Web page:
Aerospace & Defense

Boeing engineer who led development of 737 MAX to retire -company memo

2 minute read

The first Boeing 737 MAX 7 is unveiled in Renton, Washington, U.S. February 5, 2018. REUTERS/Jason Redmond/File Photo

Register now for FREE unlimited access to Reuters.com

SEATTLE, Jan 14 (Reuters) - Boeing Co (BA.N) executive Michael Teal, a veteran top engineer on its 777X and 737 MAX programs, is set to retire, according to a company memo seen by Reuters on Friday.

Teal, a 35-year Boeing veteran, held various engineering leadership roles including vice president and chief project engineer on the 777X, 747-8 Freighter and 737 programs. His long-planned retirement date is April 1, the memo said.

Teal was a vice president and chief project engineer during development of the 737 MAX, signing of on the jet's technical configuration. The plane was grounded for nearly two years starting in 2019 after two fatal crashes.

Register now for FREE unlimited access to Reuters.com

David Loffing, who has held engineering roles on several programs including the 747, NMA and 737, has been named as vice president 777X chief project engineer, the memo said.

The 777X program has been hobbled for years by certification problems and weak demand for long-haul jets.

The 737 MAX was approved to return to service in late 2020.

Teal was among a number of Boeing executives who testified at U.S. Congress during an investigation into a flawed flight control system known as MCAS linked to the 737 MAX crashes.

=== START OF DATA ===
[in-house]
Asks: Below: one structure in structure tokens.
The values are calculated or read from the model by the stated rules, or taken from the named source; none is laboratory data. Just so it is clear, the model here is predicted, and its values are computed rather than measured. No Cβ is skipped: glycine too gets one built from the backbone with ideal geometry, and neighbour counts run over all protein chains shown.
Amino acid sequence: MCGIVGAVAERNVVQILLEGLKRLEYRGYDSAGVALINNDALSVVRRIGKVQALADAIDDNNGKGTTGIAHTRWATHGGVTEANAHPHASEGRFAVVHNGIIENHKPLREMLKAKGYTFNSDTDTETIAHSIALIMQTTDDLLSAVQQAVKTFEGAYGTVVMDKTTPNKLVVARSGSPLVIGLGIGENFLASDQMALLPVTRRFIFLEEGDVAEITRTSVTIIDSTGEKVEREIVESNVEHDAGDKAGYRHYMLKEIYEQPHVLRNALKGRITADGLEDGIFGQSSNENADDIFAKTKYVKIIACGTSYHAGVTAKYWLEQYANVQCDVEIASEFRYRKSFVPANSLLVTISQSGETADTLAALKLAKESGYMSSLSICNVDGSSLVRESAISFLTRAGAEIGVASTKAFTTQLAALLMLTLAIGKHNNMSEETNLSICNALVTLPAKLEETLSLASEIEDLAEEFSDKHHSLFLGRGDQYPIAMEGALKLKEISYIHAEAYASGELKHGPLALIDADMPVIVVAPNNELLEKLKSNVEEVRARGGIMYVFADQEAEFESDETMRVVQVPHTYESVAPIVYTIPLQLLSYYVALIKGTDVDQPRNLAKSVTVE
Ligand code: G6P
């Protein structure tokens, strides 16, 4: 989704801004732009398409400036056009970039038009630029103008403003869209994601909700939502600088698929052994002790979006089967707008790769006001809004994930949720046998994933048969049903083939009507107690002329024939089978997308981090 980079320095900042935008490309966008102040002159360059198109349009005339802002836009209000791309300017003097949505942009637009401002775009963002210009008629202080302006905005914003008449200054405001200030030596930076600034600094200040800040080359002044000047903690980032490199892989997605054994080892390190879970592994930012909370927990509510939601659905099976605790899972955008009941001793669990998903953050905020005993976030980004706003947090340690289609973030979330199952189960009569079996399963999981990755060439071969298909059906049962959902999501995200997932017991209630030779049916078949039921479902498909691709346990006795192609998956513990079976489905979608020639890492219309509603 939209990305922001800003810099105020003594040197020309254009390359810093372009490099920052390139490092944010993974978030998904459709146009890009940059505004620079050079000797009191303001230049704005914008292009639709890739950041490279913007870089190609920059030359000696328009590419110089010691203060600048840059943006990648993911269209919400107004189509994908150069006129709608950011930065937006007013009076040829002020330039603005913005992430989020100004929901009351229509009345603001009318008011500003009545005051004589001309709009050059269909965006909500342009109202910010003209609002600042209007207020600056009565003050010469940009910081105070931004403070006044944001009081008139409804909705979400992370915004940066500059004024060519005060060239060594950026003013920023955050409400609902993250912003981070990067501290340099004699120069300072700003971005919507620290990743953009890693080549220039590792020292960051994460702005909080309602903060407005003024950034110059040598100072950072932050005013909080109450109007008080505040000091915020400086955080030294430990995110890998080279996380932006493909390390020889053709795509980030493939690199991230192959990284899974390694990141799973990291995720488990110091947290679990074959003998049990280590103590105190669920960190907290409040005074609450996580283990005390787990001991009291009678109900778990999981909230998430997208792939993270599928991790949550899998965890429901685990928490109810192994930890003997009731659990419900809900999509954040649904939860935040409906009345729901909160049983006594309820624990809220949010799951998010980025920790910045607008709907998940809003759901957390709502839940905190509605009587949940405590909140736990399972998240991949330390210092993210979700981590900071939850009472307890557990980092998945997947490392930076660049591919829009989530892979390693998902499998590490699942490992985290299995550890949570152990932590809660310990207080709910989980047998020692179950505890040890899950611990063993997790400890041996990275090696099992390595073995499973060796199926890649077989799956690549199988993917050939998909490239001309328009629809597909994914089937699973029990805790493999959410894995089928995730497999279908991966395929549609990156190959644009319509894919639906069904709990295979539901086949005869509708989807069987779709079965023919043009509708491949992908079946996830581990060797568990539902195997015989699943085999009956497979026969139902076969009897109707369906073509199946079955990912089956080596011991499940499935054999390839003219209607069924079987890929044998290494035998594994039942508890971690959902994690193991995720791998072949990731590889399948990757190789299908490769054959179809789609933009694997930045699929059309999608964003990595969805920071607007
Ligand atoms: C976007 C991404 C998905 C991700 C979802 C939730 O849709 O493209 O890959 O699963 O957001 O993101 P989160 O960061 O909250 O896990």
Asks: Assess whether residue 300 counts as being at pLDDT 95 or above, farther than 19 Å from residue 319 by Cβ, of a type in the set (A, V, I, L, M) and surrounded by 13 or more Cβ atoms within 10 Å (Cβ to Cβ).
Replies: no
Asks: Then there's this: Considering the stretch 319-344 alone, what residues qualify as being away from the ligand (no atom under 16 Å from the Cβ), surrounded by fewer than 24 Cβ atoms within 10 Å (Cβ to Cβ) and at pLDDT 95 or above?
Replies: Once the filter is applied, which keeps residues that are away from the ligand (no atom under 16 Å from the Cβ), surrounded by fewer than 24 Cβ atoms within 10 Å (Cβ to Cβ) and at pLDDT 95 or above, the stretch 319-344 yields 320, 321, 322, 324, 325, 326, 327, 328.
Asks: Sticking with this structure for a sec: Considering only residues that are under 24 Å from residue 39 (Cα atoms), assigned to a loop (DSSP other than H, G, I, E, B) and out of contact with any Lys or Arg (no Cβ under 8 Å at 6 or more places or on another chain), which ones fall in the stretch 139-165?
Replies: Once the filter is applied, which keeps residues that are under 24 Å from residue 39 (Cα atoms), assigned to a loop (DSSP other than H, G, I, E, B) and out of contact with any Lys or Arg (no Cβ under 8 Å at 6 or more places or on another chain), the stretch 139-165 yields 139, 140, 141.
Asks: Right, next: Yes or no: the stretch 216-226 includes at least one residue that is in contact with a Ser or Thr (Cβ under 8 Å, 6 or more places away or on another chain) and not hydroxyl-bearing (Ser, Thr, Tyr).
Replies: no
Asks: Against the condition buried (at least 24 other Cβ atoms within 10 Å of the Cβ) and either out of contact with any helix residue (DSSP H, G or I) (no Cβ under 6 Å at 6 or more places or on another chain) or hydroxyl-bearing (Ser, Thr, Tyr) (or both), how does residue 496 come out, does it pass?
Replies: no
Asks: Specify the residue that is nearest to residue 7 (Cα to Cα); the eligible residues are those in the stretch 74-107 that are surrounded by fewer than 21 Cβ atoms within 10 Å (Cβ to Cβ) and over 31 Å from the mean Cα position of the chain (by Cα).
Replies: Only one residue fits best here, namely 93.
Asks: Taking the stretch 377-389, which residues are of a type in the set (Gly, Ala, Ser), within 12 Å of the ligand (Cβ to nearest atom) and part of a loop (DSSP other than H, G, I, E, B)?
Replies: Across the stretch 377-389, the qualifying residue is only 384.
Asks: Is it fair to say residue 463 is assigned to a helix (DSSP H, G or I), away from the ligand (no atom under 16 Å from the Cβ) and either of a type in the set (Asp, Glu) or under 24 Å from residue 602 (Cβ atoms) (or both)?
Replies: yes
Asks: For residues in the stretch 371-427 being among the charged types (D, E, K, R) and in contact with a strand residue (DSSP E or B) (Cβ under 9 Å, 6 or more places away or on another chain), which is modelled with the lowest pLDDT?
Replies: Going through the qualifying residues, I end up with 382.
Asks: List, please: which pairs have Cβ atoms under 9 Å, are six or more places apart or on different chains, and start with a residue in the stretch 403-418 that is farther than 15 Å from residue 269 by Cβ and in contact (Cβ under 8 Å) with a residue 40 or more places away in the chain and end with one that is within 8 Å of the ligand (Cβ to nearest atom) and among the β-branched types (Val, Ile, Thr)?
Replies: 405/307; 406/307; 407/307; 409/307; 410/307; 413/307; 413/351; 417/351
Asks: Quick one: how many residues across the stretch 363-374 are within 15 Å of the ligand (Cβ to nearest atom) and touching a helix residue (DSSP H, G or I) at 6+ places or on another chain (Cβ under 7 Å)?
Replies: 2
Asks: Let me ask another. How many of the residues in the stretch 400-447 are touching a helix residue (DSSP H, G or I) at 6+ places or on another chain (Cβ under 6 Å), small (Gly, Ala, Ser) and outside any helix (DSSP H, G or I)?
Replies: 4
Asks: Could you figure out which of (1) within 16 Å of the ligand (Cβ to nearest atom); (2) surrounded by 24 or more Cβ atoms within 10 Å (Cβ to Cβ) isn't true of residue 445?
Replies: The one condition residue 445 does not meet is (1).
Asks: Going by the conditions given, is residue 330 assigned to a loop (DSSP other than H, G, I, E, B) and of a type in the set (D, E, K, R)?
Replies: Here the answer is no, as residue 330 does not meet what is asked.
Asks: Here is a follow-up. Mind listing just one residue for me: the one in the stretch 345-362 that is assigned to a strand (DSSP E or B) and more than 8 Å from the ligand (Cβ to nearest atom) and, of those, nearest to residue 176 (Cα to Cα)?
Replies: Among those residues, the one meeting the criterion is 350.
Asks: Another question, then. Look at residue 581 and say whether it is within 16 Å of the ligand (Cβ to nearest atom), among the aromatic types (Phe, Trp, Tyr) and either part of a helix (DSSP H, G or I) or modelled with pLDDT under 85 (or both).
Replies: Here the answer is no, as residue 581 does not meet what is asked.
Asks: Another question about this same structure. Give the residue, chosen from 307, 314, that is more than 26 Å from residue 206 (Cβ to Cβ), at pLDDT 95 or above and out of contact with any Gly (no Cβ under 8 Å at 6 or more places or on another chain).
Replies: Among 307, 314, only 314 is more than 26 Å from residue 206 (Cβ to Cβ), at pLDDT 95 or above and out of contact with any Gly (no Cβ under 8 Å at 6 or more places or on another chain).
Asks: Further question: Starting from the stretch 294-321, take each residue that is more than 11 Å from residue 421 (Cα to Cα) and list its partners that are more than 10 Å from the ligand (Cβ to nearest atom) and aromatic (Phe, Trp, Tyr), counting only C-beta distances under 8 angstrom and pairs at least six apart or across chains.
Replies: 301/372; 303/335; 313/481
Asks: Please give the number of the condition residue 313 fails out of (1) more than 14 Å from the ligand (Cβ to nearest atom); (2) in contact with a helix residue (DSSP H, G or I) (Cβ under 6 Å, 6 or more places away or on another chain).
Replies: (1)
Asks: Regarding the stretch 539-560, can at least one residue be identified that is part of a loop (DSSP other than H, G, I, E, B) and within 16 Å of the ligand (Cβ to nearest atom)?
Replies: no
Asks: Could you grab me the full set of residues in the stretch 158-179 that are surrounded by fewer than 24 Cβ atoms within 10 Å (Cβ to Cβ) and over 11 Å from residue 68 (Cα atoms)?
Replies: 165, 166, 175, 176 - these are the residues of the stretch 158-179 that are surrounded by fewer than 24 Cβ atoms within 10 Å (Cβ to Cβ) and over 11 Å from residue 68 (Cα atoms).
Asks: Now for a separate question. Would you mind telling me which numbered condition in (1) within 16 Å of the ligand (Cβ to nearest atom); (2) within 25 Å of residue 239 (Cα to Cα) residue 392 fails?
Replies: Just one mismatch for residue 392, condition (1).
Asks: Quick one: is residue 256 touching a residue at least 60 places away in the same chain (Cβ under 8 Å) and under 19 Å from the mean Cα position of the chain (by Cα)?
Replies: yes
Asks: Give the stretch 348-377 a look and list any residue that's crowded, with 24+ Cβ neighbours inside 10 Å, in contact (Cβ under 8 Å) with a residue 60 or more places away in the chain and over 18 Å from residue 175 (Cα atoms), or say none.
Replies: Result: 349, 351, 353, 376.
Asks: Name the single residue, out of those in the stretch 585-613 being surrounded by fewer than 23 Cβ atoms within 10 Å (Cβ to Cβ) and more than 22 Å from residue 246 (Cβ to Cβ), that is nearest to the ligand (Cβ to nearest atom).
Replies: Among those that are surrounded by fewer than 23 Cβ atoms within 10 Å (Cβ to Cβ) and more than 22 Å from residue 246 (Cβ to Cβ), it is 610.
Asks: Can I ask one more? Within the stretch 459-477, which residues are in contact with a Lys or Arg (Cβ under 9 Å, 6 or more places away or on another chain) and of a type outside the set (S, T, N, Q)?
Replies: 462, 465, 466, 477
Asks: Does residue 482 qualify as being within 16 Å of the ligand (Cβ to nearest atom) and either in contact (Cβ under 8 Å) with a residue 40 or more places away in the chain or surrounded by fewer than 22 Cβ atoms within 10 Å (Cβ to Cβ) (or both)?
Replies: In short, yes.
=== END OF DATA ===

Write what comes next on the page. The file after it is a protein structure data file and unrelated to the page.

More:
Teal and Keith Leverkuhn, the vice president in charge of the overall 737 MAX development program, defended the jet's development, and acknowledged flawed assumptions on how the pilots would react to the problems they encountered during the crash flights.

Teal also told investigators from the U.S. House transportation committee that he was unaware MCAS could activate repeatedly.

Boeing said later that Teal and Leverkuhn, who has retired, supervised hundreds of engineers and could not have been involved in every design decision.

Register now for FREE unlimited access to Reuters.com
Reporting by Eric M. Johnson in Seattle Editing by David Gregorio and Mark Potter

Our Standards: The Thomson Reuters Trust Principles.

More from Reuters